From XU Magazine, 
Issue 34

How to be the most valuable accountant

in a cost-of-living crisis

Successful accounting entrepreneur Cheryl Sharp puts into practice strategies to be a profitable and valuable accountant during a cost-of-living crisis.
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When a cost-of-living crisis hits, everyone readily gives you advice on how to scale down, save money and batten down the hatches. Far fewer give advice on how you can not only survive but grow and thrive as a business owner throughout this time.  

Although the news likes to remind us of all the businesses that fail during economic uncertainty, some of the strongest, long-running businesses around started in a recession.

GoProposal members went through an exclusive webinar series, ‘The Recession Sessions,’ to teach them practical tips on protecting their mindset and sailing their business through a storm to great success.

Through the sessions, James Ashford plus special guests discussed 4 things successful businesses do differently during turbulent times. But how does this advice really look in practice?  

We talked to GoProposal member and successful accounting entrepreneur Cheryl Sharp, founder of Pink Pig Financials about the reality of proving your value and growing your profits during a cost-of-living crisis.

Face storms head on

Whether it’s a recession, or a pandemic, storms will come. It’s the only guarantee you can get in business. While businesses that fail turn around and try to run away from the ‘storm’ and get blown by the wind, successful businesses know they cannot move backwards or stand still. They make progress by continuing to look forward, making incremental advances.

Cheryl has instilled this in all her team members, continuing to uphold their value of not doing discounts, while making positive, incremental goals and challenges...

“One of our big goals as a team last year was to stop giving things away for free and it was a really positive move – it means everyone holds each other accountable and pulls each other up. Nobody wants to be the only one who gives discounts. If someone in the office says ‘X has happened with Y client, should I charge them? Everyone jumps in and says ‘Yes!’”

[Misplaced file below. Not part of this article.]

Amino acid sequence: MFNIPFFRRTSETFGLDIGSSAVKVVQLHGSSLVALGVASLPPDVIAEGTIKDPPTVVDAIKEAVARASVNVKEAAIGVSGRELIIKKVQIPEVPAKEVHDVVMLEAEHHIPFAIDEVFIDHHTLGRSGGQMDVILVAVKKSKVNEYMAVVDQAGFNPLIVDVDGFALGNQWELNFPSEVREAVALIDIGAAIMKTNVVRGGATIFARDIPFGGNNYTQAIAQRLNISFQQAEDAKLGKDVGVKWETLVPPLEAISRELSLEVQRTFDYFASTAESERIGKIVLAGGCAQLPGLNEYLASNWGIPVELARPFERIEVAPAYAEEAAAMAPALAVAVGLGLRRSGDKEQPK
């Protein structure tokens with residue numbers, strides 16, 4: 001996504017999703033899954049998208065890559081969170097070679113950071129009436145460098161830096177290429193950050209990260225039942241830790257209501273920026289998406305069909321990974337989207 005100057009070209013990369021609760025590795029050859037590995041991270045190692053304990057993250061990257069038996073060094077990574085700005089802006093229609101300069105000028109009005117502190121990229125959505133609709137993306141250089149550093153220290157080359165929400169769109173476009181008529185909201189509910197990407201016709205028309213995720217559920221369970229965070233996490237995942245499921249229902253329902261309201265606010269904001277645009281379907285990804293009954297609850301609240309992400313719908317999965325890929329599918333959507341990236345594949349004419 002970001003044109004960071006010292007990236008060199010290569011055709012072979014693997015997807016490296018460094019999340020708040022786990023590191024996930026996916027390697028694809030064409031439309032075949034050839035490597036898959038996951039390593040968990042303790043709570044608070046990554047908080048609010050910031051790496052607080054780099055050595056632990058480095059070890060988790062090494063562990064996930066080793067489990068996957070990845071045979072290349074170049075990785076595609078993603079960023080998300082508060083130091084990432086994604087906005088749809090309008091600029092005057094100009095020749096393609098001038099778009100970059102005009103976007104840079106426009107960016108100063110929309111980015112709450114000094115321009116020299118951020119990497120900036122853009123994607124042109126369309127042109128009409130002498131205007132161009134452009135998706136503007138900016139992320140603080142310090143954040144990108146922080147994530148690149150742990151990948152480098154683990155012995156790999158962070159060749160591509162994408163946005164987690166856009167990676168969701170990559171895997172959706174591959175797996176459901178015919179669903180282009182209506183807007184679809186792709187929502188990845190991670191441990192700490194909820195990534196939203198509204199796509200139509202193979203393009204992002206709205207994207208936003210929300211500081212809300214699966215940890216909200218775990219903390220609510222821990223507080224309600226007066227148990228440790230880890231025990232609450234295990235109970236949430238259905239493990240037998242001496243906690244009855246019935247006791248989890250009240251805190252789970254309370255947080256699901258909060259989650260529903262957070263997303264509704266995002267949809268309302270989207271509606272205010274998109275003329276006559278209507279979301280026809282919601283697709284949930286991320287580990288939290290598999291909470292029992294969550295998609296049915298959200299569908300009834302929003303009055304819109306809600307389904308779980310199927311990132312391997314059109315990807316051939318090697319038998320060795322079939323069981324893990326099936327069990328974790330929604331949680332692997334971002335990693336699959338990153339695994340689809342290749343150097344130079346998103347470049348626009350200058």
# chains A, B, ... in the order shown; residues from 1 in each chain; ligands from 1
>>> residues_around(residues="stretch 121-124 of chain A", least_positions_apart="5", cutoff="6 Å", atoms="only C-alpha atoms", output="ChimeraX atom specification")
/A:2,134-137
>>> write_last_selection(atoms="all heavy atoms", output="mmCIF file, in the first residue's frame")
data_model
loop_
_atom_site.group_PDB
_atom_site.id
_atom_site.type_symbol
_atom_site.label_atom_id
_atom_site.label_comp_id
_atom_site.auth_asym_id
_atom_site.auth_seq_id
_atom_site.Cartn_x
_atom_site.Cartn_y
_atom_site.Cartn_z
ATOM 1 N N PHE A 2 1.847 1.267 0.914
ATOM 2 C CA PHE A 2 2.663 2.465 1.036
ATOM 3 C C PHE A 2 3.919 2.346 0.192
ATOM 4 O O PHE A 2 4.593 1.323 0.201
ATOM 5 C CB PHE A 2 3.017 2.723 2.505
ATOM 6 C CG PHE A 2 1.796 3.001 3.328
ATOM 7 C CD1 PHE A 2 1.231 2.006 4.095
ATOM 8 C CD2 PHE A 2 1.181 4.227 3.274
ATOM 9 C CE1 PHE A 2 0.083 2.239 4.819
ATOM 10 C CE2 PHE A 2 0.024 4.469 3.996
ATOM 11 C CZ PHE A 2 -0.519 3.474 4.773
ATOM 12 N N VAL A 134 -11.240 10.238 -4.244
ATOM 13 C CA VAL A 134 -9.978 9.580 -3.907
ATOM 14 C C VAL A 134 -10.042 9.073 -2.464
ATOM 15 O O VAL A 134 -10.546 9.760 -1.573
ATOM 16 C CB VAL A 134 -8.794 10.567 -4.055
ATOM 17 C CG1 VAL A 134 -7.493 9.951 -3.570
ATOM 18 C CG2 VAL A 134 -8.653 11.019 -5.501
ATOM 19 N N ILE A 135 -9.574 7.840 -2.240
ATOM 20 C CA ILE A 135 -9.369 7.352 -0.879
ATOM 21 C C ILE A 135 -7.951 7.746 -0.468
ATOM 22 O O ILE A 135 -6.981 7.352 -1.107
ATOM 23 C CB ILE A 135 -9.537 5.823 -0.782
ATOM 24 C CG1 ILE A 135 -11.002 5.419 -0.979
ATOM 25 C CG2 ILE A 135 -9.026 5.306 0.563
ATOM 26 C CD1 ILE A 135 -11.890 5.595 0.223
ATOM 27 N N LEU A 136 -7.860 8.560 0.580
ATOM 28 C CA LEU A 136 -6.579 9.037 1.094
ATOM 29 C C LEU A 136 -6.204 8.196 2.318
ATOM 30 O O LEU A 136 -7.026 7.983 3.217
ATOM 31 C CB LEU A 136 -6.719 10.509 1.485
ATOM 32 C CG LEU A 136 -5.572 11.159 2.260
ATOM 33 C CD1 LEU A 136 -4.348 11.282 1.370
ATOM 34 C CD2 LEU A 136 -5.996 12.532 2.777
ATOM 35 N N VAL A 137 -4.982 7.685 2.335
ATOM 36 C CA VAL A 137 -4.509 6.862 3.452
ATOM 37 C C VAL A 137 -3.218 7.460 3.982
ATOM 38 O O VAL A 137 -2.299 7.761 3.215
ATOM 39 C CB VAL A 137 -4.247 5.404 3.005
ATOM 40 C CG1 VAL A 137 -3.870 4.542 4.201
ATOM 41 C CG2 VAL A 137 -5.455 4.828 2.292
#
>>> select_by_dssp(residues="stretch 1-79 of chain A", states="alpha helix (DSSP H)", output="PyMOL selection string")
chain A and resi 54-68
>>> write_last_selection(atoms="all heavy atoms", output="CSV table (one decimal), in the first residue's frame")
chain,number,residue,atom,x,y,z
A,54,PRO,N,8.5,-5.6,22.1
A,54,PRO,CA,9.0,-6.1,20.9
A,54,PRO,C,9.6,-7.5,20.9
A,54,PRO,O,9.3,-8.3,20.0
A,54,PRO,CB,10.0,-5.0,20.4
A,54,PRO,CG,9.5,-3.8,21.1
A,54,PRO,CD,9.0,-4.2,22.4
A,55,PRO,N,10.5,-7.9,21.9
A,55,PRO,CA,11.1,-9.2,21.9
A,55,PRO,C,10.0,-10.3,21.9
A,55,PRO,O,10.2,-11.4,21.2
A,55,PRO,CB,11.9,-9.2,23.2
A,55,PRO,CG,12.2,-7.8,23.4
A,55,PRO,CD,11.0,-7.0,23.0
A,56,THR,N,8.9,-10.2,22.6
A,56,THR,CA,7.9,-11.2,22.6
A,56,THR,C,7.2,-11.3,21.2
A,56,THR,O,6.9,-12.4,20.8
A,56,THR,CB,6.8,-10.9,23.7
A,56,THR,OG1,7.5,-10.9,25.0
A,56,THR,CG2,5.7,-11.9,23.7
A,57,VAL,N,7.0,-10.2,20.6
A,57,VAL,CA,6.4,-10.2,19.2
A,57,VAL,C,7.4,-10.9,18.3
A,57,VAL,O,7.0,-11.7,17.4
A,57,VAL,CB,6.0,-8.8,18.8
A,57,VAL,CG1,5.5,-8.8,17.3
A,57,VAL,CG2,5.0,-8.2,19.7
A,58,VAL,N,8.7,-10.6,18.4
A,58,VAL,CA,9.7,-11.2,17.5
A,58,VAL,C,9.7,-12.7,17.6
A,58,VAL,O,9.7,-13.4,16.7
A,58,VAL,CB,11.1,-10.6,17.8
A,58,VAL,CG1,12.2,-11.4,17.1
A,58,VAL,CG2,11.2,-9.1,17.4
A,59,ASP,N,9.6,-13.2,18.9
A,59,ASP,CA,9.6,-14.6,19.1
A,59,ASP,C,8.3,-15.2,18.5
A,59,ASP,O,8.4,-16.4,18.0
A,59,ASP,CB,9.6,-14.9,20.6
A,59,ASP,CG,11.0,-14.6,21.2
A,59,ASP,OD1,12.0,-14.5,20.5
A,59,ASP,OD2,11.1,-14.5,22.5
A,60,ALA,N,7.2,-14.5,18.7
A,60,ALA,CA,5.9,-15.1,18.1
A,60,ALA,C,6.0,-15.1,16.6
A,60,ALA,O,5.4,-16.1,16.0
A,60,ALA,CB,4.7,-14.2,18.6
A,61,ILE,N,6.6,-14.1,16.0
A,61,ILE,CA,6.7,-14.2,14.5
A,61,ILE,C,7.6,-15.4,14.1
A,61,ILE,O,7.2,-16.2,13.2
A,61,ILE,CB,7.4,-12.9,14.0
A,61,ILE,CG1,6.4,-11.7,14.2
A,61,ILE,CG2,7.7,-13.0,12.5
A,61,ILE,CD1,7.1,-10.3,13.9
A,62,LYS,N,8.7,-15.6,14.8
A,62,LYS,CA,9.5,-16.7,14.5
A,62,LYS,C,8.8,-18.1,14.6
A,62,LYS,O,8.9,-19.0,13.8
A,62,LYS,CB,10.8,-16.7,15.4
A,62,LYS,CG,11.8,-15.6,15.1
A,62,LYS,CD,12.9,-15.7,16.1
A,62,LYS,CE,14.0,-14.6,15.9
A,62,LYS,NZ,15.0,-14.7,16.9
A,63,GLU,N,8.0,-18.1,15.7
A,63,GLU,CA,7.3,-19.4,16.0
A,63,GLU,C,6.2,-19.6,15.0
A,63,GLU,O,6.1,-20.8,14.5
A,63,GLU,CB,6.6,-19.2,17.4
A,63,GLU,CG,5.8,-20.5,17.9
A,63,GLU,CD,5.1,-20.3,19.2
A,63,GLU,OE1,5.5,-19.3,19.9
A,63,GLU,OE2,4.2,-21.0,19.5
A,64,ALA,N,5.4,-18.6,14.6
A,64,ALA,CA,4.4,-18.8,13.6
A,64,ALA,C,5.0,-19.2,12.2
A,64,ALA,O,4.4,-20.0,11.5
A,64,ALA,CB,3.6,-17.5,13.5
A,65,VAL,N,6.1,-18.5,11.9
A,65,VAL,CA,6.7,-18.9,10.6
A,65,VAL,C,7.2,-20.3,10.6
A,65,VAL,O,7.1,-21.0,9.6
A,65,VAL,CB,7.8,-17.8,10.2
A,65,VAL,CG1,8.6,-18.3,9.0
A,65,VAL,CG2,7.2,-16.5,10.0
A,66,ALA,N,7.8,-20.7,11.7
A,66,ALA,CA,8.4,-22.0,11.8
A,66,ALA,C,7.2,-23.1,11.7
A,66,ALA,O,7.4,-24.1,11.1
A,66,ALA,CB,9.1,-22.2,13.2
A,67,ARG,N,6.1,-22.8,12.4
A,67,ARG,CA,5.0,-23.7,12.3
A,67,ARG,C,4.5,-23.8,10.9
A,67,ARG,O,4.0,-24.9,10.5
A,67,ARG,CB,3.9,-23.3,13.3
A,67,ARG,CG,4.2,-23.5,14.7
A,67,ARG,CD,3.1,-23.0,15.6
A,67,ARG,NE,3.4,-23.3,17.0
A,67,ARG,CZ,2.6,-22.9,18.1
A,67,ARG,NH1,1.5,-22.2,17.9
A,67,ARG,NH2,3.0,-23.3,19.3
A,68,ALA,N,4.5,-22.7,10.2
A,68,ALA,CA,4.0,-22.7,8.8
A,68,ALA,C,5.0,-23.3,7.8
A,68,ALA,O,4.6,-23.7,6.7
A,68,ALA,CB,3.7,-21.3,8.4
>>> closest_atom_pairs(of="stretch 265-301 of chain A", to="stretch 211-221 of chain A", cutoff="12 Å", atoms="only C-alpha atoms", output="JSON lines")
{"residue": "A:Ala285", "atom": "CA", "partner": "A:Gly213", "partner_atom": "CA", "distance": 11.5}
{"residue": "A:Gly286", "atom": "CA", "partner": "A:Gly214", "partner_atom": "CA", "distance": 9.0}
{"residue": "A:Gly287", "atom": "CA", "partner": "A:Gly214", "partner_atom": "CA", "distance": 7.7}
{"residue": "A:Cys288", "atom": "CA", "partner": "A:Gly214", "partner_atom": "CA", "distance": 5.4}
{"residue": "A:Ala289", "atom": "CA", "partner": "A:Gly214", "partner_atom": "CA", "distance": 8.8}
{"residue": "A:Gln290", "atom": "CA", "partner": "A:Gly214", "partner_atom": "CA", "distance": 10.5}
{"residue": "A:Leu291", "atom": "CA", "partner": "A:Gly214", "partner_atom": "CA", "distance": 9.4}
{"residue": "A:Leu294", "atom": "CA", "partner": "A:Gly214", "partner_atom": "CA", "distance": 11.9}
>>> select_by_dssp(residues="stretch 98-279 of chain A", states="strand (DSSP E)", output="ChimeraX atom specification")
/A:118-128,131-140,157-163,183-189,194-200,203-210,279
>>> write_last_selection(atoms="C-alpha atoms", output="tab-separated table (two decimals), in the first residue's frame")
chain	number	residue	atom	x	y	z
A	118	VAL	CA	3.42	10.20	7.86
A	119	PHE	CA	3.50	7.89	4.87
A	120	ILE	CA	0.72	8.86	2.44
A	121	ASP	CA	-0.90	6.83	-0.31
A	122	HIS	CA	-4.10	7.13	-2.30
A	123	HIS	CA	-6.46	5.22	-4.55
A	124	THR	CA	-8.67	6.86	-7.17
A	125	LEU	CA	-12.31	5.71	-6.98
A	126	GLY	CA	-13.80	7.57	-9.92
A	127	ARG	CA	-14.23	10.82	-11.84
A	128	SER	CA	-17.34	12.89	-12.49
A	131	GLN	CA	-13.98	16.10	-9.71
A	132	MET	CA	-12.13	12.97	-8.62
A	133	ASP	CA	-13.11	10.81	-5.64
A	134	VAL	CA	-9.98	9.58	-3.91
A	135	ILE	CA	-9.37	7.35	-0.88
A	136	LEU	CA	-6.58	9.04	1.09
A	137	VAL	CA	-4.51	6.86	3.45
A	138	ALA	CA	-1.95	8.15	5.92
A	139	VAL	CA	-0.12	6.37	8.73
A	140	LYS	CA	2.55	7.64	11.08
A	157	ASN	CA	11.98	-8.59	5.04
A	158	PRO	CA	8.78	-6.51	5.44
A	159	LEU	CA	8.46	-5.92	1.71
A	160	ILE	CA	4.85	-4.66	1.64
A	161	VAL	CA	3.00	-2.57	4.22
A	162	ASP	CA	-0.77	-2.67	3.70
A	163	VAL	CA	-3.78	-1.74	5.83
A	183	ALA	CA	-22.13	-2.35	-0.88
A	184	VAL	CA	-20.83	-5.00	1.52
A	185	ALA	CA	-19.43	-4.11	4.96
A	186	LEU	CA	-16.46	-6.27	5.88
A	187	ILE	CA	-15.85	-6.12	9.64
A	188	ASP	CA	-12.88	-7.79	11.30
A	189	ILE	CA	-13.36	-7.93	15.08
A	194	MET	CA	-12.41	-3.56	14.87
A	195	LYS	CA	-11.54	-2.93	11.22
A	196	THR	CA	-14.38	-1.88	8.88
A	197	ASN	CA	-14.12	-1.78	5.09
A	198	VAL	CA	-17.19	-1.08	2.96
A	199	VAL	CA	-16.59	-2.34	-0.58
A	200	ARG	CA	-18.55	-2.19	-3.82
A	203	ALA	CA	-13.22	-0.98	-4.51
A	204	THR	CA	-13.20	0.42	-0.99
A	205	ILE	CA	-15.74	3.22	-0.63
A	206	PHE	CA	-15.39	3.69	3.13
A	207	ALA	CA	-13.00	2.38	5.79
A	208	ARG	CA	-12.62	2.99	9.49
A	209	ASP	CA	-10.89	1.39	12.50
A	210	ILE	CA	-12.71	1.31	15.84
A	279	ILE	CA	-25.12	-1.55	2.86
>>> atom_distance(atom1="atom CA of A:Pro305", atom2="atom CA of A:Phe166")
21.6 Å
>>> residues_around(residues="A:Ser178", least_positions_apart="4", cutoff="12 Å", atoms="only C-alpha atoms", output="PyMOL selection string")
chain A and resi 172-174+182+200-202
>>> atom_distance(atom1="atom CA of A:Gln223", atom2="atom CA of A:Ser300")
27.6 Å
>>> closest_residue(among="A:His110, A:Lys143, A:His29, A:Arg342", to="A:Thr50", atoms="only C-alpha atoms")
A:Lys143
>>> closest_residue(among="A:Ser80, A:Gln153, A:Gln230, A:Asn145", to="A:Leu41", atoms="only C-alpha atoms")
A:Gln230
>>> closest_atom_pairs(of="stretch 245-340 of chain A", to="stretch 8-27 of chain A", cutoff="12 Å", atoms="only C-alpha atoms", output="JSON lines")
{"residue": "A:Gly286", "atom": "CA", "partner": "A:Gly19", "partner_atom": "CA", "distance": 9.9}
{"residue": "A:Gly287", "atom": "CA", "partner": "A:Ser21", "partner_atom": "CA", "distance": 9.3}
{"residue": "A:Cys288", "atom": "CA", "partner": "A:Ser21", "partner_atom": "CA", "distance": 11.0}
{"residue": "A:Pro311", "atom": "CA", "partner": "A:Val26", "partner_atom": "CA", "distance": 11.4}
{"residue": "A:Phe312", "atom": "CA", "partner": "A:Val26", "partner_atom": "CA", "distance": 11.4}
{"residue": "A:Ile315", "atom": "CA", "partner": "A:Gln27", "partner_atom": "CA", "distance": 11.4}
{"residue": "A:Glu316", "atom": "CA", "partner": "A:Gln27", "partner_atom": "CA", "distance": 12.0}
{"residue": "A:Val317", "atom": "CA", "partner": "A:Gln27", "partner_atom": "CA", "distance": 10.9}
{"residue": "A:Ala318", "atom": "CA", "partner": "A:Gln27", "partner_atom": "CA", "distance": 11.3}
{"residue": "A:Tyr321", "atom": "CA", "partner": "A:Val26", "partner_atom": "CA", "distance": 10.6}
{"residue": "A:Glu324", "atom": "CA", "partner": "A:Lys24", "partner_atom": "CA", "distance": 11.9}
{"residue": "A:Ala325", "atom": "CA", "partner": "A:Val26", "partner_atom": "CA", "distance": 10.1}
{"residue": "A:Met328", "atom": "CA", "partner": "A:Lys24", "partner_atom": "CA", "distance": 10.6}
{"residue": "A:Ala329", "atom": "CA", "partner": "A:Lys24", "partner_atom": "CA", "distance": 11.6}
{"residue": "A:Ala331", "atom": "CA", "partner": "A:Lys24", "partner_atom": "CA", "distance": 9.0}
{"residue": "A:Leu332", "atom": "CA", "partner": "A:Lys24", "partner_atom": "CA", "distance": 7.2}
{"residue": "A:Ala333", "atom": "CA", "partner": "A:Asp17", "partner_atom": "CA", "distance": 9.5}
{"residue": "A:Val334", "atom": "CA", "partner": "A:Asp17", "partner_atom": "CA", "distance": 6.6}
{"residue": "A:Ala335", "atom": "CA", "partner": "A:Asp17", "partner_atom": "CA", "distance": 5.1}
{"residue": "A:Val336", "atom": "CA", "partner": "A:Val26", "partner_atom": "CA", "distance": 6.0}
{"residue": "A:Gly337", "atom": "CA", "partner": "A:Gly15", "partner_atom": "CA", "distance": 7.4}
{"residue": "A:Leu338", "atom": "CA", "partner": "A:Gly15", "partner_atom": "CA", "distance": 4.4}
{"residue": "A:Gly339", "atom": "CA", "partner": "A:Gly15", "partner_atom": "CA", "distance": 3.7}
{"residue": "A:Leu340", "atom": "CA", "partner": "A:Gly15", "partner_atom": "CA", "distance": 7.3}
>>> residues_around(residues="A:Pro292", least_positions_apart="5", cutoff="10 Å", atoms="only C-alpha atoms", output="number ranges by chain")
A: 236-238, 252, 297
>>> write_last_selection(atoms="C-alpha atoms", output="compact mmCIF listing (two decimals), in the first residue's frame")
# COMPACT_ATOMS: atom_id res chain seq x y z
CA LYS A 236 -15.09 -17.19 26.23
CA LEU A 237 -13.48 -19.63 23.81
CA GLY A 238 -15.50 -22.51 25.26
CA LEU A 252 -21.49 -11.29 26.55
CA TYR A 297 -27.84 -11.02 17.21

Focus on your Psychology, NOT the economy

The effect of your mindset on your business can be a downward (or upward) spiral: if figures are down and your accounting

business isn’t performing, it can trigger you to believe the situation is bad. This makes you feel panic, and in a panic, your reaction is to restrict salaries, give client discounts, and generally cause bedlam in the business.  

The results from these actions confirm your initial belief.

But we can guard our minds and flip the spiral upside down, and that’s what successful entrepreneurs do...

They willingly to let go of their beliefs in order to try something new.

By instilling a positive mindset across the business, Cheryl finds she’s now in a position where her team come to her when they think prices should be raised, or when they want to try something new.  

“When a new situation occurs, they don’t come to me asking what to do, they come to me proposing what they think we should do. They just want the confidence from me of knowing that they’re on the right path. We’ve all worked really hard to get to this point.”

Raise your targets continually

Most businesses believe there are easy times and tough times but in reality, there are tough times and tougher times. If it isn’t tough, it’s because you aren’t doing enough.  

Cheryl’s set some high targets to increase profit turnover this year, but that’s not all. As an accountant, you’re in a unique position where you can set the example to your clients and encourage them to raise the bar too.  

“For so long I didn’t think I could achieve what I have, and now I’m able to be a cheerleader for my clients too. They know our stance on discounts, and I encourage them not to give their value away for free either.”

Thinking this sounds easier said than done, especially during a cost-of-living crisis? We asked Cheryl how she deals with prospects who ask for discounts and use external factors as a reason...

“We turn it around on them and ask if it was their business, what would they do? That’s when it twigs for them that they’re asking exactly what they hate people asking of them. That’s all we do; it only takes that one reframing question for people to get it.”  

Be realistically optimistic

Successful, longstanding business owners know that times of economic uncertainty come around like winter. We should be planting in the spring, protecting in the summer, harvesting in the autumn and preparing to do it all over again in the winter. And just like the best farmers, we must assume each winter is going to be longer than any other.

This means you can be optimistic knowing winter will end, but you must be realistic with what cards you have to play now. Consider which clients you can best serve. What clients are out there looking for a better accountant who is more proactive and positive?

Focussing on a niche client is an effective strategy and as Cheryl proves, a niche doesn’t have to be a particular industry.

“Our niche has broadened and evolved to families, in every sense of the word. We believe family is the world you build around you. We don’t have a niche in a specific industry, it’s more dependent on the type of person having similar values to us.”

If you challenge yourself to focus for the next 12-24 months on growth and contribution, you can come out of this in a very different situation. Change the concept of a recession into a procession. Your business will always be moving forward, just as we do in life through all weathers.

Why leave it there?

To find out how to strengthen your mindset, and learn more from Cheryl

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